Your Dog’s First RV Trip
Your dog’s first RV trip is key to establishing a safe and happy environment for your best friend. Life on the road is a lot easier than you could imagine when you start RVing with dogs and head out on the open road through Florida and beyond.
Your Dog’s First RV Trip
Whenever you are looking to head out on a trip in an RV to the beautiful campgrounds of Florida, you will find yourself facing several questions, including what to do with your pets when you are on the road. Kenneling is expensive and it can be stressful for both the dog and the parents. Most RVers elect to take the family furball along for the fun!
Get your Pet Used to Your RV
When you decide to take your pet out of their comfort zone and onto the open road in your RV, you will find yourself uprooting your own life and the life of your pets. This can be very stressful for elderly or anxious dogs. The first step to take is to make sure your pets are used to the life you are about to undertake in your RV, to hopefully avoid stressful and uncomfortable moments after you leave your home.
Get your pet used to your RV well before leaving on your trip. Try to eat some meals in your RV alongside your pets before setting out to make sure your pet is acquainted with their new home and is comfortable eating in it. Also, make sure that they have a sleeping or special space of their own. You are taking your pet from their home to a much smaller space in your RV and it is important for them to feel like they have a safe spot until they are comfortable with traveling.
Take Some Precautions
Although you love your pets, you may not want to see them when you are driving along the highway. One excellent RVing tip for traveling with a dog or another pet is to make sure they are secured while you are on the move. There are many attractions to be seen in Florida and you will not want to have the worry of your dog taking your attention off the road as you move through this beautiful state.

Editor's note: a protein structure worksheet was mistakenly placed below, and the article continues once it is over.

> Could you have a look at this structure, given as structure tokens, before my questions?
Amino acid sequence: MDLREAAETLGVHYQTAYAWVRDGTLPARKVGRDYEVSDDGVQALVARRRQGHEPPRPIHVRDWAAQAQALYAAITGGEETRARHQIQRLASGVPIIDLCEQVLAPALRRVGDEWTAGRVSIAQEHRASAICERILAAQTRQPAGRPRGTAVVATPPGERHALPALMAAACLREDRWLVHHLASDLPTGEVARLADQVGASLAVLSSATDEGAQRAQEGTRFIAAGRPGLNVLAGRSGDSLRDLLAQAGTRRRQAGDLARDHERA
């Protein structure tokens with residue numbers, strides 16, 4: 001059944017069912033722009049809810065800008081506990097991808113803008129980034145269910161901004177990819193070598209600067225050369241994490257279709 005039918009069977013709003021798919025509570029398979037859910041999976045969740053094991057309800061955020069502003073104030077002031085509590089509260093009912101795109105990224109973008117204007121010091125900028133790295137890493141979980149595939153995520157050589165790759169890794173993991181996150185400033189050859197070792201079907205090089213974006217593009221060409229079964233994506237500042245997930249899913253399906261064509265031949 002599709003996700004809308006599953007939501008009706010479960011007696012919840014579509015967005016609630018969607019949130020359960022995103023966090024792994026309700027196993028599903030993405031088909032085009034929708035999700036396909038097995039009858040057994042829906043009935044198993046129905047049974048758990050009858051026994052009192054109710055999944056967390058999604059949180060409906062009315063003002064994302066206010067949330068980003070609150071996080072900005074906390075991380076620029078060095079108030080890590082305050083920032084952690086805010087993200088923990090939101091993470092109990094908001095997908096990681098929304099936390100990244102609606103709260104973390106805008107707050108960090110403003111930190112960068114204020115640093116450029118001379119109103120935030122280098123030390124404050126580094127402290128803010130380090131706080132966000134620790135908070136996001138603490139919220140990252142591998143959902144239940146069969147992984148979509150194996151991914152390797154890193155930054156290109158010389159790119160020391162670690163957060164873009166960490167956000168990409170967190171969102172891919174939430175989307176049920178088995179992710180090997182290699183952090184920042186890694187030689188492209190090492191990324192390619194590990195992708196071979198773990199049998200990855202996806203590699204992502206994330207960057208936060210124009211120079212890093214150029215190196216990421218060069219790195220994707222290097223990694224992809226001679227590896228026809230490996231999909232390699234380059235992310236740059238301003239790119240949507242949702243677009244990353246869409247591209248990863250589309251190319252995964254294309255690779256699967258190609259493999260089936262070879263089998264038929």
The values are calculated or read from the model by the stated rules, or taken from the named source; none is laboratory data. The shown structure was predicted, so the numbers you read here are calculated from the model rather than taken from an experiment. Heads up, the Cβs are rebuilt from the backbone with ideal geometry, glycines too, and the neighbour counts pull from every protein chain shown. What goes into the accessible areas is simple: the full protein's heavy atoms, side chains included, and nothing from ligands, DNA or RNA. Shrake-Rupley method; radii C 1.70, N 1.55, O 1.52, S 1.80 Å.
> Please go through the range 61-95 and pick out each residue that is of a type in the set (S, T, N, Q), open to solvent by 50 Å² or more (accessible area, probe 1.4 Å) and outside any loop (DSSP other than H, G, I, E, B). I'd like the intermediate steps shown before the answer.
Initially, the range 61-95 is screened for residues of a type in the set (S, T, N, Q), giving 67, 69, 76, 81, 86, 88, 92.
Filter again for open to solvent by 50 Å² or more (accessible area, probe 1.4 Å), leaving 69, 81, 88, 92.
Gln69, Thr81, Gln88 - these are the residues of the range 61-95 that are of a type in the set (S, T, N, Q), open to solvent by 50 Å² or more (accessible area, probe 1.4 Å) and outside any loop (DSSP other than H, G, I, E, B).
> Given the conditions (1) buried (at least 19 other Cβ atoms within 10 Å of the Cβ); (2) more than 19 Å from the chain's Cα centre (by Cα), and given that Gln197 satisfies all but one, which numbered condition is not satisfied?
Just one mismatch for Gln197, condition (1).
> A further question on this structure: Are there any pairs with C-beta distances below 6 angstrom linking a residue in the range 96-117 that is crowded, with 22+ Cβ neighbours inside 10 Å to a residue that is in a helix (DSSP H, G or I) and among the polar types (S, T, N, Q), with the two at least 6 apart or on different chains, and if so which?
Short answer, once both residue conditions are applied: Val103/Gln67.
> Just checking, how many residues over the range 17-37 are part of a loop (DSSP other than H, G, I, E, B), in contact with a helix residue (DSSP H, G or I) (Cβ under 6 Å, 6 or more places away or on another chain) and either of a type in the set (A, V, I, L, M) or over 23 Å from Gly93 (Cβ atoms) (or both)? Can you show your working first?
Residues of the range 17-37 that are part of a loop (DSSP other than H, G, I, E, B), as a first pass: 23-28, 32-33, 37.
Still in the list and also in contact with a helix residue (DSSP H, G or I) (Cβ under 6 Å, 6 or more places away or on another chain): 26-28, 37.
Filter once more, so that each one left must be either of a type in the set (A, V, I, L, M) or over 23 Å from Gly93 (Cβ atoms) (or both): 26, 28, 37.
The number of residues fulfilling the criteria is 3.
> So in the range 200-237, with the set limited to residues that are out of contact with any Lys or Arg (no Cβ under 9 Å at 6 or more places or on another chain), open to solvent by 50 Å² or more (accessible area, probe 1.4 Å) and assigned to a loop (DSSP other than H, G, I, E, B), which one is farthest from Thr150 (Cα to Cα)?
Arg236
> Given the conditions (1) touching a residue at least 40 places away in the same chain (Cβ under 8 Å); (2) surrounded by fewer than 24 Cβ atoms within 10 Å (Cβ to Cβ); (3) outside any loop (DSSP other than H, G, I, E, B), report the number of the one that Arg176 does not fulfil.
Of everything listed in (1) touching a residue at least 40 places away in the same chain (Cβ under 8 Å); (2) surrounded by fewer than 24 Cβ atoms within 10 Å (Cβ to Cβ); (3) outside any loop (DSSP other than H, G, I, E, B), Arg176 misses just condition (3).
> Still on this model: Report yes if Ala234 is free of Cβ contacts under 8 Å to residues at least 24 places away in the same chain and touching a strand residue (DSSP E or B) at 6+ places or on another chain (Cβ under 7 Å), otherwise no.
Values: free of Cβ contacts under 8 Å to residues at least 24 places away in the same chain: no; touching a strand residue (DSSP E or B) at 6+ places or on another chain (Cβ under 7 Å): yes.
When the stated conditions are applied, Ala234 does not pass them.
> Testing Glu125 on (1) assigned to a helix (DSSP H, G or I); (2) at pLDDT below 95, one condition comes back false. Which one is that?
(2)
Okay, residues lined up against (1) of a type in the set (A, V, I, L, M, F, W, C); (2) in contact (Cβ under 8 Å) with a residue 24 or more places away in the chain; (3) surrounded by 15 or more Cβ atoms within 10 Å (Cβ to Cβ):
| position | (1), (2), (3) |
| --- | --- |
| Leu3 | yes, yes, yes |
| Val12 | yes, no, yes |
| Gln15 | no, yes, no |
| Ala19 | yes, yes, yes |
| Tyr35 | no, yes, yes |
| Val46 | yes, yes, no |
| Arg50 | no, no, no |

Look into a Pet ID
If you are considering RVing with dogs, you should be prepared for the eventuality of a pet making a bad decision and finding themselves lost. There are several options you can undertake to make certain of your chance to see your pet again should the worst happen. There are pet IDs similar to a driver’s license that can be carried by you to prove you own your dog should they are found. The pet ID driver’s license has a photo of your pet along with its breed, size, weight, and other important information. In addition, all dogs heading out on an RV trip should be microchipped. Make sure that the microchip company has your traveling contact information on file including a cellphone, email, and an alternative contact number if you can’t be reached. And, of course, always have the dog’s name and owner’s cell number on their tag. If you have the information, also consider having the phone number and microchip ID number engraved on the back of your dog’s tag to make it even easier to reach you.
Take Care When Parking
Perhaps one of the most important issues to address when RVing with dogs is the problem of how to care for your pets when you are parked and temperatures rise. Florida can be incredibly hot and can reach high levels of humidity in the afternoons so making sure your dog is not in danger should be of the highest priority. If possible, park your RV in a shady location and hookup right away to start the air conditioner while you set up camp. Also, consider heat reflective window coverings to cut down on the glare of the Florida sun.
While at the Campground
When you arrive at your campground, you will not find yourself wanting to hop out and explore the beaches of Florida or the Everglades, or any of the extensive attractions. You should remember your pet does not want to spend their entire vacation in the RV and needs more than just a short walk each day to feel happy. You don’t want to leave your dog outside unattended but a tie-out line or playpen will allow your furry friend to sit outside and enjoy the fresh air with you. Most campgrounds require dogs to either be on a leash or contained so having a portable fenced-in area is a great option if plan on traveling frequently.